Critics praised that biography for weaving together Schumpeter’s professional and personal lives. Schumpeter’s theories on the value of disruption and turmoil in the business cycle for creating entrepreneurs and growth were influential, and he also once vowed to become the greatest lover in Vienna.
In Dr. McCraw’s early years at Harvard, he was a protege of Alfred D. Chandler Jr., a professor and noted business historian who was awarded the Pulitzer Prize for history in 1978 for “The Visible Hand: The Managerial Revolution in American Business.”
Dr. McCraw first went to Harvard on a business history fellowship in 1973. He returned as a visiting professor in 1976 and was granted tenure in 1978. He retired in 2006 and was the Isidor Straus professor of business history emeritus.
He loved playing golf, following the Boston Celtics, and visiting Bermuda, where he bought a vacation home.
Dr. McCraw personified the phrase “a scholar and a gentleman,” Nitin Nohria, dean of Harvard Business School, said in a statement.
“Tom McCraw was an extraordinarily insightful and influential historian who won acclaim both on this campus and around the globe,” Nohria said. “His work will influence students and scholars for generations to come.”
Dr. McCraw helped created the first-year MBA course, “Creating Modern Capitalism,” and a popular second-year elective, “The Coming of Managerial Capitalism.” He was part of a group of business faculty leaders known for classroom innovation, according to the school.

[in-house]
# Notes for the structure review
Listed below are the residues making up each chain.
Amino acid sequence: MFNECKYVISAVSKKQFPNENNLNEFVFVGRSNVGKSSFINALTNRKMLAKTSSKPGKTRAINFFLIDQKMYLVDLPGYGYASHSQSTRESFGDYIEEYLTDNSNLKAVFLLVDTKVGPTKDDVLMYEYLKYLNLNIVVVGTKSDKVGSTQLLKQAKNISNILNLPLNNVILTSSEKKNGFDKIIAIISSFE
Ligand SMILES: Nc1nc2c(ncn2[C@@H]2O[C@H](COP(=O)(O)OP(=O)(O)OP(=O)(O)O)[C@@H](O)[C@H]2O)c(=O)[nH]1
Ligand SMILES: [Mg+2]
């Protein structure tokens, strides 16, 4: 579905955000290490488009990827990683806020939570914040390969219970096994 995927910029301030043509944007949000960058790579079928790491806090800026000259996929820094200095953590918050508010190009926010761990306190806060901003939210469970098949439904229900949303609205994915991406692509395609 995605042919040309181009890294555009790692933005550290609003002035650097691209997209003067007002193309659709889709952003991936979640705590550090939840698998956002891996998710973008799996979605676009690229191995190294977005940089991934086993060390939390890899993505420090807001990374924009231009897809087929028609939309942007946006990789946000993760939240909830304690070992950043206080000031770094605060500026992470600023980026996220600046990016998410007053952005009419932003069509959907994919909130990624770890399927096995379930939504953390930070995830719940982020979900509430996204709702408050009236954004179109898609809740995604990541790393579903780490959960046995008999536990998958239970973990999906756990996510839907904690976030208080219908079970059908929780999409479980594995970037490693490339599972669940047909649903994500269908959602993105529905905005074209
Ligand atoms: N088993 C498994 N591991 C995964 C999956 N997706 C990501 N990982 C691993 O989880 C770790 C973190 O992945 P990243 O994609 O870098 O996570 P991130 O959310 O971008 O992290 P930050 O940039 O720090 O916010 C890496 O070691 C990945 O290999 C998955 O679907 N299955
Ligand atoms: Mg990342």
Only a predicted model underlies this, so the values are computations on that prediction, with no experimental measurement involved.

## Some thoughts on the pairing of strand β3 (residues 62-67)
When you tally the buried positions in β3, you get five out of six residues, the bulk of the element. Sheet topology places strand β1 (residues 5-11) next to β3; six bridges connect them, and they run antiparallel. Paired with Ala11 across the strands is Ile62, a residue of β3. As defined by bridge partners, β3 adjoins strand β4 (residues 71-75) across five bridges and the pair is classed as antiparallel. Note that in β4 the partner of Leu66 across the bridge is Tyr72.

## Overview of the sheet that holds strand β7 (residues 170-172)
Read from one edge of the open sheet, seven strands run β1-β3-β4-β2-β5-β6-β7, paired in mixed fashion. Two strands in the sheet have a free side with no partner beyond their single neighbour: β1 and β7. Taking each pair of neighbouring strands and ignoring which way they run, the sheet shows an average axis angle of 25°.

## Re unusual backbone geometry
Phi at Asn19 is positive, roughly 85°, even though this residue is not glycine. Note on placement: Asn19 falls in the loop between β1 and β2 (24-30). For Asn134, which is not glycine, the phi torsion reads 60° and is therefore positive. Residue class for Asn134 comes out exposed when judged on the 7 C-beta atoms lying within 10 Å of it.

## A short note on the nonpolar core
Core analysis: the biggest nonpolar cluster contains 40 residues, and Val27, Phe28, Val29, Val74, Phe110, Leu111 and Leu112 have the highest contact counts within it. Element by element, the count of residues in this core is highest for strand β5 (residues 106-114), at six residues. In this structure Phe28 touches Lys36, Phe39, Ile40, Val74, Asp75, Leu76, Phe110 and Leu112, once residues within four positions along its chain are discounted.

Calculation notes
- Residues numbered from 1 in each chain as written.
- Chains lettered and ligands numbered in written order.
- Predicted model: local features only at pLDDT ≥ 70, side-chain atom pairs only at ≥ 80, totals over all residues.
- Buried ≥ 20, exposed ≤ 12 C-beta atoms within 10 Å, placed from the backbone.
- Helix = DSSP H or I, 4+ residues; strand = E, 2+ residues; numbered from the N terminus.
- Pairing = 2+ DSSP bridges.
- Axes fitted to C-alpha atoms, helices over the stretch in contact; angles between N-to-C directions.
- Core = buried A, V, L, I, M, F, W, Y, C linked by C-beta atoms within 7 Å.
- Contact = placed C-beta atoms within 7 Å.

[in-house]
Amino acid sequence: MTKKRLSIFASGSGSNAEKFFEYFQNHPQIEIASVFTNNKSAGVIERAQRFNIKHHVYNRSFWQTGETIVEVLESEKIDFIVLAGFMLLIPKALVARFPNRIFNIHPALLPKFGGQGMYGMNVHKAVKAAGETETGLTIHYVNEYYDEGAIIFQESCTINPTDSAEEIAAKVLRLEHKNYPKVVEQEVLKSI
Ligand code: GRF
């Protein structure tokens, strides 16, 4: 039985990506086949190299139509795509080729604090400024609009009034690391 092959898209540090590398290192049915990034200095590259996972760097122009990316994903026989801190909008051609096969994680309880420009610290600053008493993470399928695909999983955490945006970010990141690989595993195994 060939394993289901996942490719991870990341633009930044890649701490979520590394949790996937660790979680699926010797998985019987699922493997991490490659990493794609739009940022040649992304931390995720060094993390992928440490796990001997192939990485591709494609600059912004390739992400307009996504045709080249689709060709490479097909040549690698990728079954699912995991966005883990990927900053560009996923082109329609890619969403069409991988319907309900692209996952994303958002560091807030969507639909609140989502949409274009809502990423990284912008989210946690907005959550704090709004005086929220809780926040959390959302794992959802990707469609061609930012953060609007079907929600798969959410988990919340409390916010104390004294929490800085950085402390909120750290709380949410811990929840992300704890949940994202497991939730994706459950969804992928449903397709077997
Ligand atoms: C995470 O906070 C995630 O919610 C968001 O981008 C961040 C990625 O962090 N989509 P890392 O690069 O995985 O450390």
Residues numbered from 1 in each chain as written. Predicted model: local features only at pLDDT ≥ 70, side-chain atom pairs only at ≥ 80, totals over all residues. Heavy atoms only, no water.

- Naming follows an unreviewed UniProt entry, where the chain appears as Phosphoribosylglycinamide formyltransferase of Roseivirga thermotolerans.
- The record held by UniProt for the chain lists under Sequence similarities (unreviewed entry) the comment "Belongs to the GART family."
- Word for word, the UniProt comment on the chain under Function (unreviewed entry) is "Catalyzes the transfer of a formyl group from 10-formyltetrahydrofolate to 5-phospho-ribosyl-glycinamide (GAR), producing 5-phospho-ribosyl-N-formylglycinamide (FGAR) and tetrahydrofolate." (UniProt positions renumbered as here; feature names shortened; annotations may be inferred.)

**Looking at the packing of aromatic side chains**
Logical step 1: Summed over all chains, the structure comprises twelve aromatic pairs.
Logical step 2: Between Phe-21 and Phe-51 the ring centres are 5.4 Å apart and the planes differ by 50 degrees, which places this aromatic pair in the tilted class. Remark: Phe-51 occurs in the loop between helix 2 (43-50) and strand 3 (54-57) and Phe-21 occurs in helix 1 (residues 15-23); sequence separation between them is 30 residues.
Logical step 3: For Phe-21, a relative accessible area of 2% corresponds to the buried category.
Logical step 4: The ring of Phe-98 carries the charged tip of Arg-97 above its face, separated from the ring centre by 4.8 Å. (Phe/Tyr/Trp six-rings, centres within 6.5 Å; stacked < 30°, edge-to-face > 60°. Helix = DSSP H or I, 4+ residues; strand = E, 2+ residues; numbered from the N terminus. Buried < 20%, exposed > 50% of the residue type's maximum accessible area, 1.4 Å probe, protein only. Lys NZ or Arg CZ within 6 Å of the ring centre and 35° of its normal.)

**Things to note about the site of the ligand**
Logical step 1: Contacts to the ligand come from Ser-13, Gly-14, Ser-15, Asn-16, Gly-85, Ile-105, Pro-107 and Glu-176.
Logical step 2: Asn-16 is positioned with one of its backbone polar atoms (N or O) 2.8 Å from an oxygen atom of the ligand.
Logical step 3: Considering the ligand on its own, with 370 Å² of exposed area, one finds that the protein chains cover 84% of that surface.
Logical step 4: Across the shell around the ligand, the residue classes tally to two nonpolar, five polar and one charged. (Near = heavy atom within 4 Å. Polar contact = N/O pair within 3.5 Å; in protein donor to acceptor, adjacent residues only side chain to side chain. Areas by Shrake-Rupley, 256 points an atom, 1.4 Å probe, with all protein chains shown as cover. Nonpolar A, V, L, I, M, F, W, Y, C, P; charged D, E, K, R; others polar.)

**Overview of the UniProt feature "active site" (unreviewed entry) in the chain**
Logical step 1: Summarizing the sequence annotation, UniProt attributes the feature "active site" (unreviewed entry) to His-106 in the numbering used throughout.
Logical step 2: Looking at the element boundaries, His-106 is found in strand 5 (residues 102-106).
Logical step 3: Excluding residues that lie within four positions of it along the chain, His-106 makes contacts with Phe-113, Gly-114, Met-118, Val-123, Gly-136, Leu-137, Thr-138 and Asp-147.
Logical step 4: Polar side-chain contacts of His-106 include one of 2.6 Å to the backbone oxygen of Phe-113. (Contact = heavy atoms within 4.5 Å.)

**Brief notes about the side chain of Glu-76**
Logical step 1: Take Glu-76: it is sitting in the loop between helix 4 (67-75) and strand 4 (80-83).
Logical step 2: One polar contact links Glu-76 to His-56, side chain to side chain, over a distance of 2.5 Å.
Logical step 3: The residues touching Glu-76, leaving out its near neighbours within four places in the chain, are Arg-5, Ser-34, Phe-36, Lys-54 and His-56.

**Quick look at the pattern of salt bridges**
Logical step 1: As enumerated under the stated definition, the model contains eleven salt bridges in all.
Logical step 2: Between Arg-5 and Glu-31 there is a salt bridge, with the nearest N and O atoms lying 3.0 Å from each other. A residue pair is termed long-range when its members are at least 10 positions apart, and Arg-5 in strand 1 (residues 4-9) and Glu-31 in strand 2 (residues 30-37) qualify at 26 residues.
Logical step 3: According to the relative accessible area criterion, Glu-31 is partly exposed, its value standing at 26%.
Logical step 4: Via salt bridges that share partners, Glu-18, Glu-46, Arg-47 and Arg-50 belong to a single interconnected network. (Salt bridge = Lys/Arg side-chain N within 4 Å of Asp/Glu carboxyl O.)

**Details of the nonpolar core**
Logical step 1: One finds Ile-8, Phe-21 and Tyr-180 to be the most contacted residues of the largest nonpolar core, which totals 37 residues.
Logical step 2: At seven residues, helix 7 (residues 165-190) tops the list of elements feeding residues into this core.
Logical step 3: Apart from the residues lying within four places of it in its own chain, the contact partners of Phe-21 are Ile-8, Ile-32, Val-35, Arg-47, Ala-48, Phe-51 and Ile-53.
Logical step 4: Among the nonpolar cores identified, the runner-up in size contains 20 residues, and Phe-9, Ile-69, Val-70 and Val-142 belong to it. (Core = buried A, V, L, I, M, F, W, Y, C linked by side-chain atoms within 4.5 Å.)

“He was the best teacher I ever had. There are so many people I encountered who would say the same thing,” said Betsy MacIver Neiva, who was one of his doctoral students in the early 1990s and is now an administrator and teacher at a private school in Philadelphia.
“From Professor McCraw’s painstaking edits of every book review and chapter I turned in, I learned how to write,” she said. “To this day, each time I remove an unnecessary comma from a sentence, I think of him.”
Often suffering from back pain, Dr. McGraw used special chairs in his office and attended faculty meetings by lying on a portable chaise lounge he carried with him, friends said. He had endured poor health since his late 40s, according to his wife.
“He coped with such adversity when I was working with him,” MacIver Neiva recalled. “He was very private about it. He never gave any indication that anything in his life came close to the importance of what I was telling him about.”
In addition to his wife, Dr. McCraw leaves a daughter, Elizabeth McCarron of Wellesley; a son, Thomas Jr. of Bedford, N.H.; a brother, John of Gainesville, Fla.; and three granddaughters.
A service has been held. Burial was in Mount Auburn Cemetery in Cambridge.
Geoffrey G. Jones, a Harvard business professor who chairs the school’s Business History Initiative, said Dr. McCraw was “a true leader and institution builder.”
“A prolific and lucid author, he repeatedly made the case that history matters to the concerns of today,” Jones said. “He was a master of using biography to deepen understanding of highly complex issues, but he was also a remarkable synthesizer, a skill he employed to pioneer the teaching of global business history.”